Catastrophe and Consequence

by The Editors | published June 13, 2014 - 4:01pm

What is happening in Iraq is a catastrophe, but not a sudden one. The violence in Iraq has been worsening steadily over the last few years. And more to the point, today’s crisis is the consequence of failed policies and failed politics -- national, regional and international -- years and even decades in the making.

No understanding of today’s Iraq is complete without the background of the Iran-Iraq war in the 1980s, the 1990 Iraqi invasion of Kuwait and ensuing Gulf war, and the 13 years of UN economic sanctions, all of which set the stage for the additional disasters that would befall Iraq with the US-led invasion of 2003.

Boom, Bust and Boom in Dubai

by Pete Moore | published June 9, 2014 - 10:28am

It’s easy to be critical of Dubai and its socioeconomic model.

Youth of the Gulf, Youth of Palestine

by Ted Swedenburg | published May 31, 2014 - 11:19am

I recently came across two accounts of Arab youth that fly in the face of conventional wisdom. One is Kristin Diwan’s issue brief on youth activism in the Arab Gulf states for the Atlantic Council, and the other is a documentary by filmmaker Jumana Manna on Palestinian “male thug culture” in East Jerusalem. The film is called Blessed, Blessed Oblivion.

DragonMart, the Mega-Souk of Today's Silk Road

by Jacqueline Armijo
published in MER270

In 1998, a shipwreck was discovered off the coast of Indonesia. It turned out to be the remains of an early ninth-century dhow from the Gulf that had been headed back from China with a cargo of over 70,000 items, primarily ceramics, produced in different Chinese regions. The goods varied in style and quality, and had clearly been custom-made for the different tastes of the major trading centers of the Gulf. Thousands of ceramic bowls and dishes had been neatly stacked into hundreds of large urns, which in turn had been arranged in several layers of rows along the bottom of the dhow.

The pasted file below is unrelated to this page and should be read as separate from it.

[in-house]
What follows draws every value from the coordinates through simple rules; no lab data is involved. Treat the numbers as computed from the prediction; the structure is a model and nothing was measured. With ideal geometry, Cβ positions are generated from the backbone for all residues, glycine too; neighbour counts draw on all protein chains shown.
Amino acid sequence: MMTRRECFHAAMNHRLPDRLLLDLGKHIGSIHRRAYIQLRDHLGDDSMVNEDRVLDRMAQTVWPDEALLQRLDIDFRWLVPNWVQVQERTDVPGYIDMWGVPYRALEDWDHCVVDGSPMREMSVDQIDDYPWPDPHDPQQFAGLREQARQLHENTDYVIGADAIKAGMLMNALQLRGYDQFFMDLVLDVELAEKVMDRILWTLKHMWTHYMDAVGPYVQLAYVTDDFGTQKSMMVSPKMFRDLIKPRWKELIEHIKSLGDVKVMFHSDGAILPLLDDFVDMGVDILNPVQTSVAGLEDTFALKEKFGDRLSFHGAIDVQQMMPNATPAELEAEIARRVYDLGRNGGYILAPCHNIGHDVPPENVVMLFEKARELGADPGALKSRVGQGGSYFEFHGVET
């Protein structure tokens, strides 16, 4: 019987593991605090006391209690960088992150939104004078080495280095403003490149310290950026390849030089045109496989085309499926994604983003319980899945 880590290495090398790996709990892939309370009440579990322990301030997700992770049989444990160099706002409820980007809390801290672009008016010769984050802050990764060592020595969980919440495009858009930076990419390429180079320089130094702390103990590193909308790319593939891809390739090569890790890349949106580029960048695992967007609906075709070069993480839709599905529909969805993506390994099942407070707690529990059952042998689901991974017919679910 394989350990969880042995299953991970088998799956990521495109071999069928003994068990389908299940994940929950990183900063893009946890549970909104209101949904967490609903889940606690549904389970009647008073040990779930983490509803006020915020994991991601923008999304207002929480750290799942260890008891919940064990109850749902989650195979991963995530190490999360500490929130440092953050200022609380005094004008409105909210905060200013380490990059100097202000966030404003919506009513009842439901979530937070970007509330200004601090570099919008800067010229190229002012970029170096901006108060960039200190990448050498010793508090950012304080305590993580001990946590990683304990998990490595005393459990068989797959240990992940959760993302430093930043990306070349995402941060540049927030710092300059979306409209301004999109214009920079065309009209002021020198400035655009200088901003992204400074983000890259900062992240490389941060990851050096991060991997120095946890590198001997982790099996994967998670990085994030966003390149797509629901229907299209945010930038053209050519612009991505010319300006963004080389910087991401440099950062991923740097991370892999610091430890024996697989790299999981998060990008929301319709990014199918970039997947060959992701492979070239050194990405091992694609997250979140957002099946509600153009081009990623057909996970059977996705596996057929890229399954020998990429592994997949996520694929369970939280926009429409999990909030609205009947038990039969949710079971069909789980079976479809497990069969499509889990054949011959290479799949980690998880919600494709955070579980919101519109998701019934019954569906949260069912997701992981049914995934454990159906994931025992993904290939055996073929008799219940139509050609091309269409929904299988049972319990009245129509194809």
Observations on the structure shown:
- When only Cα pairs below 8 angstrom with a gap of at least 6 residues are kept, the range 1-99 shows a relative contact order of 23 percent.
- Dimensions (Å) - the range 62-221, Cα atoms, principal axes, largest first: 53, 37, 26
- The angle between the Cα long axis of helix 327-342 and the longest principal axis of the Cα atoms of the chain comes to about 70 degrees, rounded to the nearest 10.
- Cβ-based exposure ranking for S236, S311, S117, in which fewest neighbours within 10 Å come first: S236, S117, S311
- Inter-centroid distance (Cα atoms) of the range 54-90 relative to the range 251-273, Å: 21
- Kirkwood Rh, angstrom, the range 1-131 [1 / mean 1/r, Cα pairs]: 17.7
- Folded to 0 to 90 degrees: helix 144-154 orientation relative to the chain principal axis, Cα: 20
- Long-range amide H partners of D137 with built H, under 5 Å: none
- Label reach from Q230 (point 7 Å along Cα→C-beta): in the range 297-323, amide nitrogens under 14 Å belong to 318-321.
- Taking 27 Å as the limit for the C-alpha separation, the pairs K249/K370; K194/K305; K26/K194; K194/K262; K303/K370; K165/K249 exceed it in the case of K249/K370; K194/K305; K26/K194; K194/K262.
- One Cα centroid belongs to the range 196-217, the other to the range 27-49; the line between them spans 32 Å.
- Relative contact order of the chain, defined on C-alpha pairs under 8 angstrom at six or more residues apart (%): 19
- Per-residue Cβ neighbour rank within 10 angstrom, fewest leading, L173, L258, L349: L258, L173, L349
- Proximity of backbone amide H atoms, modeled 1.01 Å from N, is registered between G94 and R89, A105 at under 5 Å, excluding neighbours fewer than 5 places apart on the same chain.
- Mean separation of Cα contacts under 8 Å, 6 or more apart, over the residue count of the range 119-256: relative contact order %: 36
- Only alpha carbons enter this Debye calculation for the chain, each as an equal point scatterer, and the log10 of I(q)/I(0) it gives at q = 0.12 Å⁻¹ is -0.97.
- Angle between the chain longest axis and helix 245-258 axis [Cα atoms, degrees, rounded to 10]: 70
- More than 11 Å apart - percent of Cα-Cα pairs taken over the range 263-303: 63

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Jordan, Morocco and an Expanded GCC

by Curtis Ryan | published April 15, 2014 - 4:04pm

A recent report suggests that the Gulf Cooperation Council (GCC) may be looking to expand…again. The report says that, during a March summit, the group of six Arab petro-princedoms extended invitations to both Jordan and Morocco to join a pan-monarchical military alliance. And there is a chance, at least, that the GCC states would include a nominal republic, Egypt, in a broader regional military and defense pact (although it is not clear if Jordan, Morocco and Egypt would need to join the GCC or the military bloc would be a separate entity).

Saudi Bullying of Qatar

by Sheila Carapico | published March 13, 2014 - 4:45pm

Just ahead of a planned state visit from President Barack Obama, Saudi Arabia is brandishing the threat of a land and naval blockade against its neighbor and fellow Gulf Cooperation Council member Qatar.

(No) Dialogue in Bahrain

by Toby Matthiesen | published February 13, 2014

In the run-up to the third anniversary of the Bahraini uprising on February 14, 2011, mass protests with tens of thousands of participants again engulfed the small kingdom. At the same time, a number of contacts between the opposition and the royal family sparked hopes of renewed high-level negotiations leading to the resolution of the long-standing conflict.

Collective Frustration, But No Collective Action, in Qatar

by Justin Gengler | published December 7, 2013

In late June 2013, as neighboring Arab states continued their struggles against popular pressure for political reform or regime change, the Gulf emirate of Qatar undertook its own, voluntary transfer of power. Emir Hamad bin Khalifa Al Thani, patriarch of modern Qatar, appeared on state television to name as successor his 33-year old son, Sheikh Tamim. The outgoing leader was hobbled by serious health problems, it was said, and in any case most observers agreed that a recalibration of Qatar’s domestic and international agendas was perhaps just what the doctor ordered.

Handshakes in Geneva

by The Editors | published November 30, 2013

Everyone is happy with the interim agreement reached with Iran in Geneva on November 23 -- that is, everyone who really wants to defuse the tensions over Iran’s nuclear research program.

Commanding the Center

by Daniel Volman
published in MER125

Although President Jimmy Carter pledged in January 1980 to “use any means necessary, including military force” to ensure “the free movement of Middle Eastern oil” and created the Rapid Deployment Force (RDF) for intervention in the Third World, the American military presence in the Middle East was still relatively small when President Ronald Reagan took office in January 1981. [1] Over the past three years, the Reagan administration has substantially expanded the size and strength of American military forces surrounding the Middle East.

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